Miracle in the court of Miracles
The story of LEMO started in the lounge of a modest apartment above a square aptly named “La Cour des Miracles” (The Court of Miracles). It was here in 1946 that a prolific inventor decided to settle with his family and where the connector world was about to change.
Every night, in Pre-Revolution Paris, beggars returned to their slums. There, hidden from passers-by to make feel pity, they could stop pretending to be sick or handicapped. These daily “healings” earned these slums the ironic nickname of “court of miracles”, where everything seemed possible. Quite a few European cities and towns have therefore named “ Cour des Miracles ” their somewhat mysteri- ous neighbourhoods and sometimes the name stuck as the centu- ries passed, like in Morges.
Morges is a quiet little Swiss town where Léon and Hélène Mouttet settled in 1942 with Josée, their 9-year-old daughter. As a matter of fact, they decided to leave their native Jura region, neighbouring France at war, to try their luck in their adoptive town by Lake Geneva, offering a less rural and more promising life.
Léon, a precision engineer, decided to start a new life with his favour- ite hobby: by opening a small photography business.
Whether successful or not, in 1946, he decided to return to mechan- ics and to launch the production of electric contacts. The couple rented a modest apartment with an adjacent 50 m2 workshop and founded LEMO on 19th October. The place was called “ La Cour des Miracles ”, perfect to invoke Lady Luck.
During its first years, LEMO was literally a family enterprise: Léon produced components in the workshop which he assembled with Hélène at the lounge table. Their daughter Josée also gave a hand. She was 13 and had no idea she would become LEMO’s president three decades later. Nor that her son would become its third CEO.
Thanks to a special manufacturing process, LEMO proposed its contacts in the form of rivets in a single piece of molybdenum. This would ensure extraordinary resistance with hardly any wear or deformation, even after millions of operations. They equipped primarily the Swiss Post and Telecommunications (relays, contactors, call centres). Electronics (radio, television, radars) and the automotive industry (magneto switches or circuit-breakers) were also going to use them.
However, Léon Mouttet’s creativity did not end with simple electric contacts. His inventive mind would produce a multitude of sketches and technical drawings piling up in the family apartment. He patented and manufactured control devices for the watchmaking industry, such as dynamometers to measure the force of springs and other tools for assembling watch movements.
In 1951, the Mouttet’s hired a 38-year-old experienced lathe operator. Roland Ravay, the first LEMO employee, never left until his retirement. In the early days, there were only the two of them with Léon Mouttet in the workshop. The 50m2 included the boss’ office and some equipment: three lathes, a turning machine, a drilling, a milling and a grinding machine to prepare the tools for manufacturing. Assembly and control operations were still around the lounge table.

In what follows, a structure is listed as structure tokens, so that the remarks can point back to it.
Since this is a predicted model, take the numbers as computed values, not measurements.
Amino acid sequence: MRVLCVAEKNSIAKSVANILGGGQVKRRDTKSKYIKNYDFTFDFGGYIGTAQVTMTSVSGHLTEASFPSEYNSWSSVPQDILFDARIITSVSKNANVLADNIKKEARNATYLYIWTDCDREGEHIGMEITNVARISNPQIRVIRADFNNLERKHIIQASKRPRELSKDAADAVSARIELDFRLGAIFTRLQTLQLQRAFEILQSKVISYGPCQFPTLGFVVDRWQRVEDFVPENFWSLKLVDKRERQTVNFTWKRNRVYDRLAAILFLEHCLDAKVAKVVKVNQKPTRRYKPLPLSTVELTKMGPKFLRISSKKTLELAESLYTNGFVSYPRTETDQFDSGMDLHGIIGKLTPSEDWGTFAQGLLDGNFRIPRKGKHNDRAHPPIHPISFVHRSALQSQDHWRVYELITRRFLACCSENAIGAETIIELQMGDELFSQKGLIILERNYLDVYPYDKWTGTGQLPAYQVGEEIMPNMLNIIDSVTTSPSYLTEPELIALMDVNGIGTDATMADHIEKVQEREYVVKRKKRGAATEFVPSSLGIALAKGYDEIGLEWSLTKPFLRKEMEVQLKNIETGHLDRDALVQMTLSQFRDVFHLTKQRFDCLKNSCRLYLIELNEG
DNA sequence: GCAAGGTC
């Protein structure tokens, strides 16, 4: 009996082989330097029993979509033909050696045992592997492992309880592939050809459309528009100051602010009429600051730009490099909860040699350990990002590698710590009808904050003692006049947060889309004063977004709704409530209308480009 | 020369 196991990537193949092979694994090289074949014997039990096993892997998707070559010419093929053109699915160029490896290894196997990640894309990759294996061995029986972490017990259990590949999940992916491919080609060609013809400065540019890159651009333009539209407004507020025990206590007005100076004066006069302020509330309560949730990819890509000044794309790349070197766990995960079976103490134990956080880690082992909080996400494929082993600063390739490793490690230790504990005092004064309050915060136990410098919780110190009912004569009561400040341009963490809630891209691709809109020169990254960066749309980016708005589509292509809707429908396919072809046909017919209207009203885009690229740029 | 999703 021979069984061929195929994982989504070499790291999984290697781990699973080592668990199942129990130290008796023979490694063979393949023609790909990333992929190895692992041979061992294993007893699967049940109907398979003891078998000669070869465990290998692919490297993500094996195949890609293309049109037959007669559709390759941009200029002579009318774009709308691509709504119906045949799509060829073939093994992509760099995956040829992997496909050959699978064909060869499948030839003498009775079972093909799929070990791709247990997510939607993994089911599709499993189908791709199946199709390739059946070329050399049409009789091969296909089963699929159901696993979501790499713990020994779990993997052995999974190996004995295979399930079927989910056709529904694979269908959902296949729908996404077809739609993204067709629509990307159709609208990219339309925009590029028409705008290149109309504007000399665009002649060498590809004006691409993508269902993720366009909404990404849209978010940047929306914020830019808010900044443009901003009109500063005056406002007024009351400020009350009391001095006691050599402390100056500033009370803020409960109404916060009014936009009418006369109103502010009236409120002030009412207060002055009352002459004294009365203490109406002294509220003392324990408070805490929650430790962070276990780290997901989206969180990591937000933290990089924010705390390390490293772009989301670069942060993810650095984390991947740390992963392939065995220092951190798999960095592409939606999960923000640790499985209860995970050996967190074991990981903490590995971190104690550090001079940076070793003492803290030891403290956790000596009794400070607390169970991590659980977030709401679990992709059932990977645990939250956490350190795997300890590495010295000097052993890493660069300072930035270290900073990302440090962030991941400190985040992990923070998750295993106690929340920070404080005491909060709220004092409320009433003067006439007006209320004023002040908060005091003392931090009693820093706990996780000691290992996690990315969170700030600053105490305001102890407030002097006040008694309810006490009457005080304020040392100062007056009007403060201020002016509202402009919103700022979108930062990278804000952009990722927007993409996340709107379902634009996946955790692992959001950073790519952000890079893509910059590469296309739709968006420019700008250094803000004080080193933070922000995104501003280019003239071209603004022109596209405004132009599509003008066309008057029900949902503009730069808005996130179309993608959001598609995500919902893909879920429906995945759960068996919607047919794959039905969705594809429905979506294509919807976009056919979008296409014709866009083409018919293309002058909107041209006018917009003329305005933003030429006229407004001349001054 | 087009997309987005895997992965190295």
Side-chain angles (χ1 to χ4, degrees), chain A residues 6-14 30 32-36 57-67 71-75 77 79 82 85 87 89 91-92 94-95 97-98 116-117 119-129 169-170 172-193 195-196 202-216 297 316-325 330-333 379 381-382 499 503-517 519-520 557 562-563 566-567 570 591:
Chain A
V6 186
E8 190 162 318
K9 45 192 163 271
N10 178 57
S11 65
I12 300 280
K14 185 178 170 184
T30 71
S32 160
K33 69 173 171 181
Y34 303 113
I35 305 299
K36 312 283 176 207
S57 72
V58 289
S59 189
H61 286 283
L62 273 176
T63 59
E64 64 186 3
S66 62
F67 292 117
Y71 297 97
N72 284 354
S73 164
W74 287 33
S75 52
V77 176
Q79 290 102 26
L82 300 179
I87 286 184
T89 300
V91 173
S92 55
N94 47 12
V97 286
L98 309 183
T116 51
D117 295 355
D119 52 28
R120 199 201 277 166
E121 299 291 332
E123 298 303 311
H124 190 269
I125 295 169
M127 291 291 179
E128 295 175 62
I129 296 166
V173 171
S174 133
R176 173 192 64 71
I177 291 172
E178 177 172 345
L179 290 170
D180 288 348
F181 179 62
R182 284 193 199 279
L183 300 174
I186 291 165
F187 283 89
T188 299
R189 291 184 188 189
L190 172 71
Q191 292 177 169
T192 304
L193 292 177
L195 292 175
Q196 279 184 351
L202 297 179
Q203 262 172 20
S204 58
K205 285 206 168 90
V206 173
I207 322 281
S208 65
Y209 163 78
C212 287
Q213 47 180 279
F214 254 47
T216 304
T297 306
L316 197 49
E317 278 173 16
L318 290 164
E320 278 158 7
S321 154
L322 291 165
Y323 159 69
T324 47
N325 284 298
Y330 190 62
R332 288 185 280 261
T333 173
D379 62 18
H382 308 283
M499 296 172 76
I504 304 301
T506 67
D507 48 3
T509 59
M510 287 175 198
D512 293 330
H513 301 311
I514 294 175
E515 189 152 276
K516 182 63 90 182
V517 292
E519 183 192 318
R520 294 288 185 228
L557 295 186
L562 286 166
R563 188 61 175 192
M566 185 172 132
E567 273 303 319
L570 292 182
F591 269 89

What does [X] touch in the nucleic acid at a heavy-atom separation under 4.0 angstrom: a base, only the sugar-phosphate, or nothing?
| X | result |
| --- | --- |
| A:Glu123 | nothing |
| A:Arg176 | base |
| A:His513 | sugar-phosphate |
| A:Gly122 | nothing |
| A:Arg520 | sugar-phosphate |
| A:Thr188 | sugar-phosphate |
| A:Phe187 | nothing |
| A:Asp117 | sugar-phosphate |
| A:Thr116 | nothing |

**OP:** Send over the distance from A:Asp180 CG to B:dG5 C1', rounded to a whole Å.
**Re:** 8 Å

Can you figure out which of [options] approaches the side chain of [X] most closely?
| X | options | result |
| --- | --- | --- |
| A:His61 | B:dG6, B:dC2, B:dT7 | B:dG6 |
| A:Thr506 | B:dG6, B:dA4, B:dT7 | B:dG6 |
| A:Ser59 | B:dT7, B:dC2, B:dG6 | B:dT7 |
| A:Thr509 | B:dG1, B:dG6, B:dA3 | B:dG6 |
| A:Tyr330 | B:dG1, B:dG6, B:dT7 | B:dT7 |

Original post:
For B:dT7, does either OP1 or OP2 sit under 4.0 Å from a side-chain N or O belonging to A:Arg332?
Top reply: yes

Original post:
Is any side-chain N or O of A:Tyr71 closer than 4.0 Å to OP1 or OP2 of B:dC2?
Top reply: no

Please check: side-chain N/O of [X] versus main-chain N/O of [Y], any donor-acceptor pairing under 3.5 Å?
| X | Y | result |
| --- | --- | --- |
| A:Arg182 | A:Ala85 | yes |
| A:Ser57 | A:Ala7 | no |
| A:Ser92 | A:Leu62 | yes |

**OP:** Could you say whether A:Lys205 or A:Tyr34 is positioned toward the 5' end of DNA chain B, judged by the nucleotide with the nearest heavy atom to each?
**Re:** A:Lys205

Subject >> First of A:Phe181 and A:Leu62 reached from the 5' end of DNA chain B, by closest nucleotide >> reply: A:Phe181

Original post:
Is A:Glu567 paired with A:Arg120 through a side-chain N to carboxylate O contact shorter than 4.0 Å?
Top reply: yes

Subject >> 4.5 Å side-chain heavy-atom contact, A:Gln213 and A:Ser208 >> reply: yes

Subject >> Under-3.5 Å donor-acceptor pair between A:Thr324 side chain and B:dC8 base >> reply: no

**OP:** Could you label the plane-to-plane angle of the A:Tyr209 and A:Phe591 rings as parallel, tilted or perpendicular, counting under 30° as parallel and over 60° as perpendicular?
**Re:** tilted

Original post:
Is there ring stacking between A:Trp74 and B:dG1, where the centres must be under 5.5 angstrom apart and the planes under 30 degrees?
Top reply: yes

As years passed by, the team started to grow (a young draftsman from Basel, assembly ladies and other workers were hired). The workshop, however, did not expand and it became more and more difficult to move around among the machines.
Since Léon and Hélène, rigour and discipline have been deeply rooted at LEMO. Why spend money when in-house solutions can be used? For instance, Hélène Mouttet used a device tinkered by her husband using an old record player for deburring. To limit purchasing, the workers would readily bring their own tools from home.
Solidarity and unselfishness bonded the team. Family spirit has been another quality nurtured since the early days. Hélène Mouttet was particularly keen on keeping it up.
It was important for everyone to get on well, as the days were long and intense, as were the weeks, since Saturday was still a working day. The staff used to sing a lot in the workshop. They did so with such enthusiasm and talent that one day they made Hélène Mouttet think that she forgot to switch off the radio! Company outings were organised, such as the Watch show in Basel, to learn about the latest technologies and to imagine the tools that watchmakers would need. The staff remembered these early days with nostalgia.
As of 1954 LEMO entered the market which would make its reputation: connectors. These products were targeting the electronics market where miniaturisation, enabled by transistors, was creating new requirements.
LEMO’s “start-up” years would end in the late fifties. The company continued to develop and lack of space became critical (seven people were working in the workshop by 1960). The plans of a first real factory started to take shape. New infrastructure became even more necessary when in 1957 Léon Mouttet patented a new invention. A simple reliable interconnection system that would become an international standard and propel his enterprise among the global leaders of the connector world.